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Psaki Defends Ability to Protest 'Peacefully' Outside SCOTUS Justices' Homes

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White House Press Secretary Jen Psaki is facing questions about a call to protest outside the homes of Supreme Court justices.

During a press conference on Thursday, Fox News’ Peter Doocy noted that activists shared the home addresses of the six conservative Supreme Court justices.

He asked, “Is that kind of thing this president wants to help your side make their point?”

“Look, I think the president’s view is that there’s a lot of passion, a lot of fear, a lot of sadness from many, many people across this country about what they saw in that leaked document,” Psaki responded.

She continued, “We obviously want people’s privacy to be respected. We want people to protest peacefully if they want to protest. That is certainly what the president’s view would be.”

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“So he doesn’t care if they’re protesting outside the Supreme Court or outside someone’s private residence?” Doocy asked.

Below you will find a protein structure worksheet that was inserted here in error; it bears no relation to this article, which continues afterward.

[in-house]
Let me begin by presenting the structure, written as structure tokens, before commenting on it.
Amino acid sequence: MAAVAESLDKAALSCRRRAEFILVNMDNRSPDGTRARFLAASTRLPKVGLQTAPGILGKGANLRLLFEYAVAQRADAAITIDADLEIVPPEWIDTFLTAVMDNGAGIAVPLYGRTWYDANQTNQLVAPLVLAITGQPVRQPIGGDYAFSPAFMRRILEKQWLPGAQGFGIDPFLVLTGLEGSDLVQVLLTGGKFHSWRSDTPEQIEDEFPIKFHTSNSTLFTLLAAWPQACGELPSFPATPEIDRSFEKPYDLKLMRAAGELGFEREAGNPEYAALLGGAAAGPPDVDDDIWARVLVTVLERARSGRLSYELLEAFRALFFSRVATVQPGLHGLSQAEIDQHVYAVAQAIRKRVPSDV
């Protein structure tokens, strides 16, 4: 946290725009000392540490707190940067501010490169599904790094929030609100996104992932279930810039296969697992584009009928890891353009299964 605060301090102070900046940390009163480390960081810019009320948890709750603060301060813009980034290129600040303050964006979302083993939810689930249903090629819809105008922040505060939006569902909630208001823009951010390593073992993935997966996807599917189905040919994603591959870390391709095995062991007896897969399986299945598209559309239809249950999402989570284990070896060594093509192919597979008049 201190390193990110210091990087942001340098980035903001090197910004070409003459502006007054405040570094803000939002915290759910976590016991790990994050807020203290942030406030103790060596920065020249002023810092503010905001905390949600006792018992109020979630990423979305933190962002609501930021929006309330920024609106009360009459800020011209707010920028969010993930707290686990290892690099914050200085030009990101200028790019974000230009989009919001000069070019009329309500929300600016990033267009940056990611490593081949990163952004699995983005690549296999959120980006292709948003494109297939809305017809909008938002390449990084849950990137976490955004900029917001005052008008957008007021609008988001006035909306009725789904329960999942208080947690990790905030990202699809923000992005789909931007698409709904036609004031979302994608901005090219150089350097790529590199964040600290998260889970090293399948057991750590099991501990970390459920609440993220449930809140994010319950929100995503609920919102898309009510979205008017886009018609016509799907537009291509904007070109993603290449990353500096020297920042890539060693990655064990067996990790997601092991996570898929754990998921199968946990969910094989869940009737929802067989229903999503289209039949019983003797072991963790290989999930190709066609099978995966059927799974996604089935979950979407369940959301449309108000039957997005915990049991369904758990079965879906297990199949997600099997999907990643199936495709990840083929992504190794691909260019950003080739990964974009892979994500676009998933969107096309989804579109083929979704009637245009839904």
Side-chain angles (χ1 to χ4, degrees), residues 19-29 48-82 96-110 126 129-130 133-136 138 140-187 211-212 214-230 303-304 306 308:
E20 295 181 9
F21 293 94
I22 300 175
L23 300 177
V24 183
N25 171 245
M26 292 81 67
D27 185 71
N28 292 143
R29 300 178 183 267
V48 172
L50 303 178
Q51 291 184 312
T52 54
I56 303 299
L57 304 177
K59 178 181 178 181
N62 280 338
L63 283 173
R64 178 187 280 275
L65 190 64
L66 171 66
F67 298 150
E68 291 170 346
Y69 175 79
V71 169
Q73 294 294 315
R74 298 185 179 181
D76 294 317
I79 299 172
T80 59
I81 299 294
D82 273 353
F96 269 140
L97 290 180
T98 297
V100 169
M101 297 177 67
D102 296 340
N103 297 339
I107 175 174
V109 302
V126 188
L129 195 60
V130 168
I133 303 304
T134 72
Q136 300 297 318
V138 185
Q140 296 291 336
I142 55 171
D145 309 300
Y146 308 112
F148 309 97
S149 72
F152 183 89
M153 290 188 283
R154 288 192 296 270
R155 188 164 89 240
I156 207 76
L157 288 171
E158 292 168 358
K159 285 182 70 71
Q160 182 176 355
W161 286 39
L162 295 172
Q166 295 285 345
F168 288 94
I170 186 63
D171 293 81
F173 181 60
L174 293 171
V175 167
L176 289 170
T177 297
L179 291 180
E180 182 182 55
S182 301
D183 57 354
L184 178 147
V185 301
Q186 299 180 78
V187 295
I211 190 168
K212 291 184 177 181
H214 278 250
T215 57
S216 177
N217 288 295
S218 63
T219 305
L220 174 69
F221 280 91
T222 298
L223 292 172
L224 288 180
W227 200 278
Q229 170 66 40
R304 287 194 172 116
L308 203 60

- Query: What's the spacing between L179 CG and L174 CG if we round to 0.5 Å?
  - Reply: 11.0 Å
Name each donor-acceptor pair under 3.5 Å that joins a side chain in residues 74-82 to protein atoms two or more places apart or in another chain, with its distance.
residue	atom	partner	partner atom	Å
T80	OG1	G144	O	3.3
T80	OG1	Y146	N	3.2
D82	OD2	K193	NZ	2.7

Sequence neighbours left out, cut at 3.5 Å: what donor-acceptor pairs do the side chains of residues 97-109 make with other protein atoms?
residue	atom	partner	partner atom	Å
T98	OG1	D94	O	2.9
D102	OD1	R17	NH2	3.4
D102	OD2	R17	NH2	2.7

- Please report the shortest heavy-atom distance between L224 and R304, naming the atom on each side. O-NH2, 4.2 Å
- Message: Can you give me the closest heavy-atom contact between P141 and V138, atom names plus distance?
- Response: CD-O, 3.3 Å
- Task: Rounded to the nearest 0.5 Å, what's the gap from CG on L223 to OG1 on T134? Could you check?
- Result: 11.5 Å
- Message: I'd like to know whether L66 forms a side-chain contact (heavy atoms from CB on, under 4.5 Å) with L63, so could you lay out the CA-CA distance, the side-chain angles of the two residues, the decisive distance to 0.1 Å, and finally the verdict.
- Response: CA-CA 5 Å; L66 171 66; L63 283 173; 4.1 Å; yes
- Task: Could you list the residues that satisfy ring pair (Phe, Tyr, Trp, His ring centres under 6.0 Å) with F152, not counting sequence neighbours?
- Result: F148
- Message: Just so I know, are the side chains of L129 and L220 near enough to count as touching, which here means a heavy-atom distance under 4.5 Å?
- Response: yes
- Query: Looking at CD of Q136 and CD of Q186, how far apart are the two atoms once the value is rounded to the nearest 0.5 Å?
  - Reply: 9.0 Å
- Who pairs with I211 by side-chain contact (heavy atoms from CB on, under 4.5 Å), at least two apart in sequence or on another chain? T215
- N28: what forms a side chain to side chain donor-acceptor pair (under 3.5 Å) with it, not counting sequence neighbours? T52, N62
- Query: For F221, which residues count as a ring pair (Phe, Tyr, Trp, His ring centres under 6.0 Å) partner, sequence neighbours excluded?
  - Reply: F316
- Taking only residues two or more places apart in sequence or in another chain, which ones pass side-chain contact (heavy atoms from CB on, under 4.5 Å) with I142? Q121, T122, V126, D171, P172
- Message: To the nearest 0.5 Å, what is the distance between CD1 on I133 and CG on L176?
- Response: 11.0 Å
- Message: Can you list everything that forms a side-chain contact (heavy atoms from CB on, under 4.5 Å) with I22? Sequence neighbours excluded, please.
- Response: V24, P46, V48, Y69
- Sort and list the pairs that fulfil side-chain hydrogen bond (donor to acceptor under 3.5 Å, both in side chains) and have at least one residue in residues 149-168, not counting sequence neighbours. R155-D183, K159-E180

However, the press secretary said, “I don’t have an official U.S. government position on where people protest. We want it, of course, to be peaceful. And certainly, the president would want people’s privacy to be respected.”

“But I think we shouldn’t lose the point here, the reason people are protesting is because women across the country are worried about their fundamental rights that have been law for 50 years — their rights to make choices about their own bodies and their own healthcare — are at risk,” she continued.

Psaki added, “That’s why people are protesting. They’re unhappy, they’re scared.”

On Monday, Politico published a report based on a leaked draft of an opinion that appeared to indicate the Supreme Court would overturn the landmark Roe v. Wade decision.

In a statement on Tuesday, the Supreme Court confirmed that the leaked draft was authentic.

However, the statement said that the draft “does not represent a decision by the Court or the final position of any member on the issues in the case.”

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After the draft leaked, a group called “Ruth Sent Us” — which is named after the late-Justice Ruth Bader Ginsburg — published the addresses of the six conservative justices on the court.

It called for people to protest the draft opinion outside of the justices’ homes.

The group’s Twitter account says its goal is to “rise up against a corrupt and illegitimate Supreme Court.”

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